Despite my comments a couple of days ago, the setting worked very well. With all the blue carpeting and bunting, the columns hardly looked like any "Greek temple." Far from it: Instead, the sight of 80,000 ordinary folks vigorously waving their American flags in the clear Denver night was wonderful to behold; that it was at a Democratic convention was all the more endearing.

Obama adroitly tossed back McCain's "celebrity", by comparing the lives of people he's met along the campaign trail with those he worked with in his life as a community organizer -- and even his own grandmother. In doing so, he manages a two-fer: First, he answers his opponent's ads: "I don't know what kind of lives John McCain thinks that celebrities lead, but this has been mine. These are my heroes." Secondly, he is indirectly speaking to those working class voters that Hillary Clinton was attracting and saying, as a certain former president would have, "I feel your pain.

Finally, Obama deflected the focus away from him: "What the nay-sayers don't understand is that this election has never been about me. It's been about you." Initially, that sounds like a reworking of the classic break-up line, "It's not you; it's me." But this is something different: Barack Obama is not yet asking Americans for their vote (as one would expect in this sort of a speech). Instead, he's asking them to become part of a movement of change that is made of everyday people.

But, artfully, this statement makes things rather dicey for Republicans next week. If they hoped that their convention was all about tearing apart Obama personally and contrasting him with John McCain, Obama has almost prepared the viewers for it -- and inoculated himself. The GOP could end up sounding like it's about making its convention only about Obama and McCain, rather than an overarching vision.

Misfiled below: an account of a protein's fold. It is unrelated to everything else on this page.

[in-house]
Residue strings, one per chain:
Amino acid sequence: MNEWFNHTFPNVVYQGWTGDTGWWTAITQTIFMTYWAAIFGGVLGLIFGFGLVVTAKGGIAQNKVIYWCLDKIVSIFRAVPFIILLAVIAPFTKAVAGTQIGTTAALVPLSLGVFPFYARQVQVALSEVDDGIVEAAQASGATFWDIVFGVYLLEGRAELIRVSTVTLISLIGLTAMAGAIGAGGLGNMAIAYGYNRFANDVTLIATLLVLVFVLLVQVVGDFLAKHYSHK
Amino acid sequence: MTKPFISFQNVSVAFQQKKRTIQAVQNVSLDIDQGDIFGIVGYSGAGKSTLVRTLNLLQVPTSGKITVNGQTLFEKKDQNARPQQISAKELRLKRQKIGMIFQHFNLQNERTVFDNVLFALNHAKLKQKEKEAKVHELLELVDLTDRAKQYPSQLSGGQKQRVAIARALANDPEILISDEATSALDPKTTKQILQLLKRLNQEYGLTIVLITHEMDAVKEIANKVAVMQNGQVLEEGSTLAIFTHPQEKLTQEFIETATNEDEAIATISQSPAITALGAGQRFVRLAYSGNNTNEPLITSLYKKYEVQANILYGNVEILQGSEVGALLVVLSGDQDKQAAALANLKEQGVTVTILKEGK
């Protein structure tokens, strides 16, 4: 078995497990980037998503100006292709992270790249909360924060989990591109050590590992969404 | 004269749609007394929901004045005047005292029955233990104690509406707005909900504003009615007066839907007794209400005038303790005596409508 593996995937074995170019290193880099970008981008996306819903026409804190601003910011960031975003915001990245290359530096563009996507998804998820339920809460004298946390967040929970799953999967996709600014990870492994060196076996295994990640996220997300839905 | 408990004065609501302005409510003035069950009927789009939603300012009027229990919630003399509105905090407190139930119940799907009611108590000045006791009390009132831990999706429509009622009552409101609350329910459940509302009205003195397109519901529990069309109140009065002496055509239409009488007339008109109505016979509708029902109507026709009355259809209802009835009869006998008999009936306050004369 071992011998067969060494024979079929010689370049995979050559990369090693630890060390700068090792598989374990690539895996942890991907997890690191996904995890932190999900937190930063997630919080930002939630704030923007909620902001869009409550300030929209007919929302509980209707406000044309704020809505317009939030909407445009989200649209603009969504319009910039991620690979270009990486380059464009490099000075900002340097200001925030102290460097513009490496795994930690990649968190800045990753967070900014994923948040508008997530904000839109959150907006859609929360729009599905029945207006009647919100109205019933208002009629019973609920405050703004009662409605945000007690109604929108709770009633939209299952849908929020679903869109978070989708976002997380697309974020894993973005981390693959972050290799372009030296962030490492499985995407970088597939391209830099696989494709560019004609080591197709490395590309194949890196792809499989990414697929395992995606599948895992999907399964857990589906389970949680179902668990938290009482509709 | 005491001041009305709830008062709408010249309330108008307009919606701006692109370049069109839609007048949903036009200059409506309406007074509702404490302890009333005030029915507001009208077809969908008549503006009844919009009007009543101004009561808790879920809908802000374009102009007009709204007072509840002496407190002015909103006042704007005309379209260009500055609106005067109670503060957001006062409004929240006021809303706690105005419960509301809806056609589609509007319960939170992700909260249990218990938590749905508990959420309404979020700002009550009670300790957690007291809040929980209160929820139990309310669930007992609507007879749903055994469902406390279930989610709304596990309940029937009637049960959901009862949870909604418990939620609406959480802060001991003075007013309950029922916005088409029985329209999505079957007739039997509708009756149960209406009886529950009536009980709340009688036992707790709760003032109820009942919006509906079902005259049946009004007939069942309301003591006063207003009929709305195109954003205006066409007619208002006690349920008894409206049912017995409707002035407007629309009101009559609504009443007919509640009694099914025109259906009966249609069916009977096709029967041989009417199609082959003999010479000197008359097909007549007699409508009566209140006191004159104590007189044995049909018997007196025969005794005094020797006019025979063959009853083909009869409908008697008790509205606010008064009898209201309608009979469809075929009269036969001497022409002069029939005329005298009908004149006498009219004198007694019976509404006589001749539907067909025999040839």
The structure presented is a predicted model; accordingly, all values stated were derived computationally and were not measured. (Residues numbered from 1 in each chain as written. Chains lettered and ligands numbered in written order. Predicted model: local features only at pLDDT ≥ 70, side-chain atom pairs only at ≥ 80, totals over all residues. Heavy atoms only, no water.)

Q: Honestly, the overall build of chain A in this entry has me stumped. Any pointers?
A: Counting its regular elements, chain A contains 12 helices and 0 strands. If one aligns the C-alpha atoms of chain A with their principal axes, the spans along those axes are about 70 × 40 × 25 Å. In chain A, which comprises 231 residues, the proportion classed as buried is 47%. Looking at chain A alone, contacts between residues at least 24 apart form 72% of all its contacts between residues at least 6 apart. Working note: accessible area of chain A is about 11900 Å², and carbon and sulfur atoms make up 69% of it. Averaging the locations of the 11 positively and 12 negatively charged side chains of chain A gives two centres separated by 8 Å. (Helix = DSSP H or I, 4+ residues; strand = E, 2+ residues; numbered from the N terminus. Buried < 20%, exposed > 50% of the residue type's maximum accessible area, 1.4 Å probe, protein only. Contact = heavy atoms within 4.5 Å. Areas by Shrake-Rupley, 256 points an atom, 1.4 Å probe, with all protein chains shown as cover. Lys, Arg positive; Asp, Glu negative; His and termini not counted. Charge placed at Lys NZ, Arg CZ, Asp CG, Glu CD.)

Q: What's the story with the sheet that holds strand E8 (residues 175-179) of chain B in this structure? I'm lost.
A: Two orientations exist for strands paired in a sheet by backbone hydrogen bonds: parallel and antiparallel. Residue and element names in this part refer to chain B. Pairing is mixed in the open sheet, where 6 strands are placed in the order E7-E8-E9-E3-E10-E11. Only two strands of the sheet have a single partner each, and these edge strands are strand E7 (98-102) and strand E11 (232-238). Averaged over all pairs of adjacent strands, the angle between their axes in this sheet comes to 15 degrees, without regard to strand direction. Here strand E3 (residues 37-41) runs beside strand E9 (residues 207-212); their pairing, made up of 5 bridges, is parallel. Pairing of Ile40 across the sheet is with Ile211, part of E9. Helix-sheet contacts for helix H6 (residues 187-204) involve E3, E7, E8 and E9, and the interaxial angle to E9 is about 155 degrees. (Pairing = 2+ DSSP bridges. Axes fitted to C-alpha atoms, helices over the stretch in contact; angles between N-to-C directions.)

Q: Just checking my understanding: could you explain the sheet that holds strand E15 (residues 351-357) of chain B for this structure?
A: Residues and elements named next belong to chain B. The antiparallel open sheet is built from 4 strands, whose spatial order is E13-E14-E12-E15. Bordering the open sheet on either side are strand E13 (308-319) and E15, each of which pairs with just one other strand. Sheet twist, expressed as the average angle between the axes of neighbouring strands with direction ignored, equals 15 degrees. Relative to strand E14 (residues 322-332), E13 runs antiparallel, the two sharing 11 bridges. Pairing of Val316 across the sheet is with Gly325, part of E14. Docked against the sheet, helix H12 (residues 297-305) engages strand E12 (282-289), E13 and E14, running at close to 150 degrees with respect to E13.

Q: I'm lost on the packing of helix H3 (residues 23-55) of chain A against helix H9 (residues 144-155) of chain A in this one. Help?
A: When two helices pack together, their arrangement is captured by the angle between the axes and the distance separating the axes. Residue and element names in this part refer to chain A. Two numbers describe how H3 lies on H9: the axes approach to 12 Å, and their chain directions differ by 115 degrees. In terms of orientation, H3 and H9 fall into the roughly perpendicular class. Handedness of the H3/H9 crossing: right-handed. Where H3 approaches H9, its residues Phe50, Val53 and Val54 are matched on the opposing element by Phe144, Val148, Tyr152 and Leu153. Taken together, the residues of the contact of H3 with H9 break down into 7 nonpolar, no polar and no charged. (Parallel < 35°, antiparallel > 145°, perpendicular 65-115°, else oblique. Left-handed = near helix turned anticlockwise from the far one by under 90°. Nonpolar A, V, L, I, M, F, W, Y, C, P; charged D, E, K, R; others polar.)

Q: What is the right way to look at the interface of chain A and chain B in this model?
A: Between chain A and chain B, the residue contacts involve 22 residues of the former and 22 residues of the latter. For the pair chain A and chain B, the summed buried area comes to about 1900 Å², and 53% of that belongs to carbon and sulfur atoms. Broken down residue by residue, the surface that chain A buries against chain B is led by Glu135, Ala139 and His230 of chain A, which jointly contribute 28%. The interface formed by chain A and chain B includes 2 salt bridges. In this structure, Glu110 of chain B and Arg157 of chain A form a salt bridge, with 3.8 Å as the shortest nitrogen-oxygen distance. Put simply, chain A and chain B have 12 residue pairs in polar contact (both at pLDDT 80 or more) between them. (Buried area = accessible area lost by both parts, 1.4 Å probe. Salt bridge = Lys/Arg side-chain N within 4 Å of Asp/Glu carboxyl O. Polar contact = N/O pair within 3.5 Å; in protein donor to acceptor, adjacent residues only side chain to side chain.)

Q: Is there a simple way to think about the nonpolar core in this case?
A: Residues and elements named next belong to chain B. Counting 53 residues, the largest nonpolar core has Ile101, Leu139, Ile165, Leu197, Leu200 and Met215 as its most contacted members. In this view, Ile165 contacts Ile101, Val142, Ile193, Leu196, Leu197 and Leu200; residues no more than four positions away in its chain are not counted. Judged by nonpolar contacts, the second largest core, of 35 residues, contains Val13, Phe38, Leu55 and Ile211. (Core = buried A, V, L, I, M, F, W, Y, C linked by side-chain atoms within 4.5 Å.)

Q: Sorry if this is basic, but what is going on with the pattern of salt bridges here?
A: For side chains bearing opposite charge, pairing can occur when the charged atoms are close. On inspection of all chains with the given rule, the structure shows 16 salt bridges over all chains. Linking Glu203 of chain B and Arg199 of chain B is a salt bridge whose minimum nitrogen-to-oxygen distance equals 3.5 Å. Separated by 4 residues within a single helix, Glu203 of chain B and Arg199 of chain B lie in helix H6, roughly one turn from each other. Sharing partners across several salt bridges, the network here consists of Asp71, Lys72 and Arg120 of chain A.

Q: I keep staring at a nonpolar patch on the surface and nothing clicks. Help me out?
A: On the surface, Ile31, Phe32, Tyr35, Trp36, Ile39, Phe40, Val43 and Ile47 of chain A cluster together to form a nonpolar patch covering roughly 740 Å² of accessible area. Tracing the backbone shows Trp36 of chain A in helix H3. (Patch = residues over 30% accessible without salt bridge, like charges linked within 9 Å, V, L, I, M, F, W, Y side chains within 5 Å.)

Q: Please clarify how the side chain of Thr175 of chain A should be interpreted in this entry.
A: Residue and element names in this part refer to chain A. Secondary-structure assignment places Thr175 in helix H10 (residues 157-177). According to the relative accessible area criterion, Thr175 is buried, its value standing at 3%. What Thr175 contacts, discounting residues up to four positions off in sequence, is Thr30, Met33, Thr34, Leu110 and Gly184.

I don't give Obama quite a full A (in fact, my initial "grade" was a B+), because one slight negative came through over the last week: Obama is not nearly as unflappable as he seemed throughout the primary campaign. Given the enormity of the task in front of him going into this week, some nerves are understandable. But each time he appeared in a major setting, he made a verbal or mental miscue. If he wasn't such a powerful speaker, you wouldn't normally notice it. But, because of his verbal acuity, these errors seemed a bit jarring.

1) He introduced Joe Biden as the "next president, uh, vice-president of the United States."
2) On the opening night of the convention, he announced he was in St. Louis, when he was in Kansas City (possibly an error based on all the travel -- he corrected it a little later when his daughter asked, "What city are you in, Daddy?"

3) On Wednesday, when he came out following Joe Biden's speech, he garbled one of his signature lines -- and ended up saying, "change comes from the top down," before correcting himself.

4) At the most significant line in his acceptance speech, he said, "I accept your nomination for presidency of the United States." [sic] A "the" was dropped.

Individually, all of these were minor, but, again coming from a rhetorical master, they seemed like a champion dancer losing his balance at inopportune moments.